Let it grow naturally

An environmental advocate encourages people to use organic gardening techniques to grow healthy-looking lawns

by Trevor Crawley
A man speaks from a podium at a rally

Paul Tukey has taken his message across Canada and the U.S.—including a stop in front of the Capitol building. — Photo courtesy Paul Tukey

Every gardening season, green thumbs struggle with the age-old battle of trying to get rid of weeds that never seem to die. The typical method of dealing with such pesky vegetation is to spread pesticides or herbicides on the grass to get that picturesque, weed-free lawn.

Not so fast, says Paul Tukey, a lawn-care professional and environmental advocate who has been touring around the Kootenays to promote the benefits of having a chemical-free lawn and garden.

Reaching out

Tukey recently came through East Kootenay communities to promote his documentary A Chemical Reaction, which explores the people and efforts behind the first cosmetic pesticide ban in Hudson, Quebec, and the subsequent backlash from lobbying groups.

Tukey created SafeLawns.org in 2006 and operates a blog where he gathers information on all kinds of organic practices and techniques that homeowners can use to get their garden growing the way they want it. He has also written a book—The Organic Lawn Care Manual—a project he started while he was trying to cut pesticide use out of his own landscaping business.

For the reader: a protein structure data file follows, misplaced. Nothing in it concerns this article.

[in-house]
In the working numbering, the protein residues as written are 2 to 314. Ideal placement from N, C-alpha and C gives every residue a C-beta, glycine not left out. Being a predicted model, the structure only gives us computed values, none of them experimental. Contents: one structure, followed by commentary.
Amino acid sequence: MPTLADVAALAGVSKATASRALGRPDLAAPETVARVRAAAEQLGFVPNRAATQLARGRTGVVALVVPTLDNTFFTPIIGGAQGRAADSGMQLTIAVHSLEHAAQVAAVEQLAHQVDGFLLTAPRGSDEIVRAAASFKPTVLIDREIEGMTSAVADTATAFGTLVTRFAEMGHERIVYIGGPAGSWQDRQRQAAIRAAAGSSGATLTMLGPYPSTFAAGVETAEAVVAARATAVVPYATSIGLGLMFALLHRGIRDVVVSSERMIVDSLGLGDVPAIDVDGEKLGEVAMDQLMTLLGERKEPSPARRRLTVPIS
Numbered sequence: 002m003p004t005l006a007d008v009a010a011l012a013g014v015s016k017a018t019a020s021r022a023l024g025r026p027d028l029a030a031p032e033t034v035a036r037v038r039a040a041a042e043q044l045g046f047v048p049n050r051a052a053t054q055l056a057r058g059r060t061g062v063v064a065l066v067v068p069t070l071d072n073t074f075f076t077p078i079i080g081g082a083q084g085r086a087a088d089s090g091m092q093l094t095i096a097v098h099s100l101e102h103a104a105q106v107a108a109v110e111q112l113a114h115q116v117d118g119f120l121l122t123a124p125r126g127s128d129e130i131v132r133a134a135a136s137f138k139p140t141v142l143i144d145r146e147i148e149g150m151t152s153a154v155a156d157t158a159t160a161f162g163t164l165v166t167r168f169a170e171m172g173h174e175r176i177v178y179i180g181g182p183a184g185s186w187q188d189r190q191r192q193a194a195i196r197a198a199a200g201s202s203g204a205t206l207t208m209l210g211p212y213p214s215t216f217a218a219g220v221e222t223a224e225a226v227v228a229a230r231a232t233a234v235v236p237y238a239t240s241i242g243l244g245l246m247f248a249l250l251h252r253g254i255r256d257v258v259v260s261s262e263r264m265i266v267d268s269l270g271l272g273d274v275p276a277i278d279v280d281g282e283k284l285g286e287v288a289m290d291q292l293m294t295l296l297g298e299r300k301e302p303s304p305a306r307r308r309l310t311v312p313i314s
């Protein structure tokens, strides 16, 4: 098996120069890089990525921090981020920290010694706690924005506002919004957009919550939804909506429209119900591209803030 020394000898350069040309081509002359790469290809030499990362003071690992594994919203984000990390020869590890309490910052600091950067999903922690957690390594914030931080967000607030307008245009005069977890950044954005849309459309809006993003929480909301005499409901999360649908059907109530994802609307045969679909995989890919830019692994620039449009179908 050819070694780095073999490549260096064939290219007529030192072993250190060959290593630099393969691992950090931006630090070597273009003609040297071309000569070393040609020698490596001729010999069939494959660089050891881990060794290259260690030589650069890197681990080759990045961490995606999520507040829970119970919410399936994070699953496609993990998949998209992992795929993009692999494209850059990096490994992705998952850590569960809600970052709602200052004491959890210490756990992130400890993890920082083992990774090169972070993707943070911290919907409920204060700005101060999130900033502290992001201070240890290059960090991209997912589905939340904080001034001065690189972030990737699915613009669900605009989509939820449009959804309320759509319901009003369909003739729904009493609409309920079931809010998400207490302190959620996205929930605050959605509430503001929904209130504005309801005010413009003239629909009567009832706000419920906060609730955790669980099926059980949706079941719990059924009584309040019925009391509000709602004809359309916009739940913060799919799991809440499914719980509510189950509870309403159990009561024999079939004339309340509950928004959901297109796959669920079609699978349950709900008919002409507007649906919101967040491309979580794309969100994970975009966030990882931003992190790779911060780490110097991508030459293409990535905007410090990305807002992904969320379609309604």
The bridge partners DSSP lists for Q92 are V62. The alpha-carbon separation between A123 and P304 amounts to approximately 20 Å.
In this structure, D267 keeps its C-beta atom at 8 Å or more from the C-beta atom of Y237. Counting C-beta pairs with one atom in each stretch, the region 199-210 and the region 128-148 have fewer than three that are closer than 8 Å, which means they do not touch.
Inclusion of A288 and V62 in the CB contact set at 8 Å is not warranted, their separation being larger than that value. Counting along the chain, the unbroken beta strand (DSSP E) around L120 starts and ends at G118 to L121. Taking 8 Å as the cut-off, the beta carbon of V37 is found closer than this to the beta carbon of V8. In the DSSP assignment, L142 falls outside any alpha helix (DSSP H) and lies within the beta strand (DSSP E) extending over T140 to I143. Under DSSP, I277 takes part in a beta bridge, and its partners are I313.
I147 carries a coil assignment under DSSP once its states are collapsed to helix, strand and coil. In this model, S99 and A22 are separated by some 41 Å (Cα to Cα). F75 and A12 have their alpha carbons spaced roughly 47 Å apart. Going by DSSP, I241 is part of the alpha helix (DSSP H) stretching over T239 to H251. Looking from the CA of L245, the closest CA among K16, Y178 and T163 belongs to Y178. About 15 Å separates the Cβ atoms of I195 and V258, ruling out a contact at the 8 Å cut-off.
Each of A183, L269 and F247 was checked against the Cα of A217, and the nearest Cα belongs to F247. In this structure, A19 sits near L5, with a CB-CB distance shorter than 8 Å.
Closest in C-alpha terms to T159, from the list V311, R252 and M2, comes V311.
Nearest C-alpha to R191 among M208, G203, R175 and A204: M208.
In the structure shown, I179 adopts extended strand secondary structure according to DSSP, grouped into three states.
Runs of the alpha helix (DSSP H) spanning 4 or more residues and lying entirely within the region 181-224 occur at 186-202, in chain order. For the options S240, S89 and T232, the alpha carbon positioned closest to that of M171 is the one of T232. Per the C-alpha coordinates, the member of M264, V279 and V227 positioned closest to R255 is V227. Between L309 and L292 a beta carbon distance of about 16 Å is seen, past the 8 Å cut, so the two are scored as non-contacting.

The key to organic success

A healthy organic lawn can be grown and maintained, but it takes a mental shift to be able to approach the problem of weeds without resorting to pesticides, said Tukey. The most important factor to having a healthy lawn or garden is healthy soil, and weeds are simply an underlying symptom of soil that isn’t capable of growing grass.

“Weeds are messengers sent by Mother Nature,” said Tukey, “and we can kill the messenger all day long—we can dig it out, we can burn it, we can fry it with a chemical—but until you change the underlying soil conditions, those dandelions are going to keep wanting to grow back.”

A former newspaper journalist, Tukey started up his own landscaping company in the early 1990s using pesticides as part of his business. However, over time, he grew ill with symptoms such as nausea, rashes, blurred vision and nosebleeds—something his doctor diagnosed as acute chemical sensitivity.

Having a medical diagnosis was all the convincing Tukey needed, and soon after, he told his clients that he was changing his techniques and moving to organic products and practices.

Raising awareness

Tukey is on the self-described front lines of the battle to get pesticides banned from use on lawns and in public parks, and his advocacy—along with support from groups like the Canadian Cancer Society—has encouraged municipalities and provinces across the country to enact their own restrictions.

There has been a growing movement to ban cosmetic pesticides ever since the first ban was put in place in Hudson over 20 years ago, said Tukey.

While municipalities have taken it upon themselves to pass their own anti-pesticide bylaws, some provinces such as Ontario, Quebec and New Brunswick have enacted legislation banning cosmetic pesticide use within their provincial jurisdictions.

“I’ve been to Hudson 20 times and the property values are still going up,” said Tukey. “Properties have not been overrun by weeds, the playing fields have not been overrun by weeds. People have learned to deal with a different way of gardening without pesticides.”

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